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Hopefully as a professional with good research skills, you are already aware that you’re supposed to adapt your CV for each job application, assuming the jobs have different characteristics. However, sometimes it’s not obvious how to give the employers what they’re looking for. The key lies in identifying what the ‘core results’ are of each target role – what skills and experience do the employers want to see on the CV? Once you’ve worked out the ‘outcomes’ of the CV – i.e. what it’s trying to achieve – then it’s relatively straightforward to tweak the CV so that it highlights that information more effectively.


How to identify ‘core results’
A great place to start is the job advertisement or specification. The area to focus most attention on is of course the ‘candidate essentials and desirables’ paragraph, which frequently starts with ‘you will have’. Very often, these criteria will be listed in order of importance, so make sure the top three are uppermost in your mind.
Don’t forget to work through the role description; frequently there will be some hidden deliverables in there that you can also use to focus your CV.
Write down all the key outcomes you need to see on the CV. Examples might be any keyworded hard skills or industry-specific jargon, as well as softer skills such as teamwork or leadership or communication.


Align the summary profile to the outcome keywords
Think of this in terms of keywords or key phrases that reflect what you’ve seen in the job spec. Your CV profile should clarify what you can deliver in your target role, think about the commercial results they are seeking. It should ideally encompass 2-4 bullets focused on most relevant skills and experience; make sure you’ve hit the main ones for each job application in the summary. Highlight the relevant industry, if you have experience of more than one.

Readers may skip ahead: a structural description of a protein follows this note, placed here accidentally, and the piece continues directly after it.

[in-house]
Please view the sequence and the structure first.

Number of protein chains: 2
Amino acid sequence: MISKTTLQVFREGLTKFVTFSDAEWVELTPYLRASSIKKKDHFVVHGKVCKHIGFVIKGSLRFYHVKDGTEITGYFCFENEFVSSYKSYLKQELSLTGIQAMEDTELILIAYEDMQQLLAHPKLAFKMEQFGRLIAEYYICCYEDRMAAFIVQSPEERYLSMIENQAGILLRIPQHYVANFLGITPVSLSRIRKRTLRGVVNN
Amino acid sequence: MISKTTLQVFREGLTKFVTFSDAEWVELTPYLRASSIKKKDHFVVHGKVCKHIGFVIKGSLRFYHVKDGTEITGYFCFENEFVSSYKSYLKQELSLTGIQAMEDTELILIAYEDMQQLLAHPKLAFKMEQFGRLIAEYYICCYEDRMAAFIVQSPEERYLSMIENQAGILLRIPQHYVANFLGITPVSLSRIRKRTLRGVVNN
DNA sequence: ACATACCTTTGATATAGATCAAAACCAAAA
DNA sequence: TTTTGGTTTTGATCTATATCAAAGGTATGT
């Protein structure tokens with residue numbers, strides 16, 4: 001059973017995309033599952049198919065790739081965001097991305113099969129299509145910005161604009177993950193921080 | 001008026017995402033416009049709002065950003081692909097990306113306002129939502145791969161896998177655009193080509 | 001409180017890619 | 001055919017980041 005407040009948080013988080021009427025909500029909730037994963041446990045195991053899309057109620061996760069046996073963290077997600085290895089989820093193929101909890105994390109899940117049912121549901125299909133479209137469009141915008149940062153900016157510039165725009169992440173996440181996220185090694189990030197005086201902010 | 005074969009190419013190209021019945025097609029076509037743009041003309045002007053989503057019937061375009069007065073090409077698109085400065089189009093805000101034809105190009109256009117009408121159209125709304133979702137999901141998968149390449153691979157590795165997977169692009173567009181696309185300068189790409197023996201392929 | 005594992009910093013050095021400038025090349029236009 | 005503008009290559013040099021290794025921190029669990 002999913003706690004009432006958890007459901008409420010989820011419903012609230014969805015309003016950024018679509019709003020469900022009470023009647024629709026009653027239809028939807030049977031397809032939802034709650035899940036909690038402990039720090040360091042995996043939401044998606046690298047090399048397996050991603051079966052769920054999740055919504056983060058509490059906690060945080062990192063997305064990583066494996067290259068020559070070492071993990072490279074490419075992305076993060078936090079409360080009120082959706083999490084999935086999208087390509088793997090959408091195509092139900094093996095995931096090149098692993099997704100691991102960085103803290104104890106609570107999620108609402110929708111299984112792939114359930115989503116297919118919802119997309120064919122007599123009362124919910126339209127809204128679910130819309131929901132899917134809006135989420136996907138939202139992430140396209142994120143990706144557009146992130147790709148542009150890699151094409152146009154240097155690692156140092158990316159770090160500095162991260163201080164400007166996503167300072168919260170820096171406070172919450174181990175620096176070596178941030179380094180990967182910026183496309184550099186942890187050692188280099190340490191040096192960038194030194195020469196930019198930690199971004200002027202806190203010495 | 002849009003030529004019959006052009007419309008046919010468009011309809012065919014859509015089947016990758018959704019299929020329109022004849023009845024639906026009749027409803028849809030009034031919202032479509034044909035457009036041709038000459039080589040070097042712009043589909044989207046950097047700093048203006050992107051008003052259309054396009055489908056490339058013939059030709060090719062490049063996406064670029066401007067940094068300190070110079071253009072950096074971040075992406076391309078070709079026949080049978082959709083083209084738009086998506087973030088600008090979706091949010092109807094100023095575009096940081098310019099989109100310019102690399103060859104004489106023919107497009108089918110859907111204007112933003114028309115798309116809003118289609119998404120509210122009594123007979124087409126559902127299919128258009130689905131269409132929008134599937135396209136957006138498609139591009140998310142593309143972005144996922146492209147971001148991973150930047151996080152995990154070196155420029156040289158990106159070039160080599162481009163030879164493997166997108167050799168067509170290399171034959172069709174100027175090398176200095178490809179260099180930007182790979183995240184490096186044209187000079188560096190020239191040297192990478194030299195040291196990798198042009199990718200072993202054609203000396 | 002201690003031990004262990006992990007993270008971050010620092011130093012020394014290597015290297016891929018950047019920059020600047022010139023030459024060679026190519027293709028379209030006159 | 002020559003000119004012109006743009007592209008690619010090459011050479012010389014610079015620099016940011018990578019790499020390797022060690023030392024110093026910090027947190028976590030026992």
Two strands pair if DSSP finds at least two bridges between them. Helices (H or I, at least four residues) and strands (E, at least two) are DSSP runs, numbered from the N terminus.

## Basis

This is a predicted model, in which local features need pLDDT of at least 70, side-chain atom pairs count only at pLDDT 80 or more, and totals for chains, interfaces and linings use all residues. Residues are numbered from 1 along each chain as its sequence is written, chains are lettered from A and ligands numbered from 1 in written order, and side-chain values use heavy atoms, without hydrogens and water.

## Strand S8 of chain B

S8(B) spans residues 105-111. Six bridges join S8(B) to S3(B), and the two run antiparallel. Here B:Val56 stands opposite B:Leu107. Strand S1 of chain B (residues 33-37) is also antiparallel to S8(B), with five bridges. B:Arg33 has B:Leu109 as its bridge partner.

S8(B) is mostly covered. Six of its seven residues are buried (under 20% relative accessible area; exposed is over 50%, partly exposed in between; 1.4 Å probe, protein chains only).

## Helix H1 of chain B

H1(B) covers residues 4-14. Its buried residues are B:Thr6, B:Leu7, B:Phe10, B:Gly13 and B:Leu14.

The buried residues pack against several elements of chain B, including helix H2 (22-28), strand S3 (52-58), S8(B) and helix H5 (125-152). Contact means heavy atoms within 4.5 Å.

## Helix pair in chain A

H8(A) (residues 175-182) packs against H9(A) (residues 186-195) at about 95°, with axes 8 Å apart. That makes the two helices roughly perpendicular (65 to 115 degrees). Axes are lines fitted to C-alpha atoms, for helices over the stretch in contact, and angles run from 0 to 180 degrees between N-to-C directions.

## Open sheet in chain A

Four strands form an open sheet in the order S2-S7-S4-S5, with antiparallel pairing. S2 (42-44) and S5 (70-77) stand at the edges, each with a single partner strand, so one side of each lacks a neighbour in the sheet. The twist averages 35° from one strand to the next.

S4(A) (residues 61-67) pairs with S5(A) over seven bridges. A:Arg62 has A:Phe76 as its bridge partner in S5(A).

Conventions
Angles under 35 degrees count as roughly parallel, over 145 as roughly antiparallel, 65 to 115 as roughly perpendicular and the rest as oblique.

Do the same for professional experience
Then read through the rest of the CV – can you insert more of your key words anywhere? It will almost always be possible to tweak the summary part of each post you have held. Then check the bulleted achievements; it will usually be possible to re-order them to more closely align with the outcomes and skills required. Ensure the ‘results’ of each bullet – in other words, how the achievements helped your employer – match the criteria of the job. Ideally, the most recent role should have the same ‘top three’ skills you identified earlier.


Highlight most relevant achievements
You might have achieved many things at your current job; enough, perhaps, for 12 bulleted examples. However, these will have varying relevance to the target role and white space is important on a CV. So delete anything unimportant or irrelevant. Any more than 6-8 bullet points is too many. You can then expand on each of these at interview.


Adapt for style – Use the same language
Frequently the job ad you’ve just responded to will have been written by the same recruiter who takes the decision whether or not to include you in a shortlist, which is why so many of them are badly written. Try to use, where possible and appropriate, similar language, without falling into the trap of writing poor English, or cutting and pasting whole sections. Paraphrase succinctly and accurately; make it clear you have read the job spec, without just copying verbatim.


Take out short-term or early jobs that aren’t relevant
If it’s taking up space on the CV and doesn’t enhance your chances of securing your target role then delete, particularly if it’s negative, of course. You are under no obligation to include everything you have ever done; so if it’s merely filling up time on the CV, don’t be afraid to take it out. The days of having to justify every part of your career are long gone in most professional environments.


Make sure the location works
If you’re applying to a different city, change the location to your target. If you’re applying in a different country, the most effective way to get a call back is to obtain a number from that country – Skype or any other VoIP service is useful for this.


Research the decision-makers
If you can find out who will be reading your CV, do a little background check and try to find something of common interest; have you worked with the same clients? Do you have a hobby in common? Inserting little hooks that show your connection to the recruiter, line manager or company you’re applying to is a great way of obtaining interviews, and then making those interviews more dynamic and interesting once you get there.

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Image courtesy of  Sira Anamwong at www.freedigitalphotos.net

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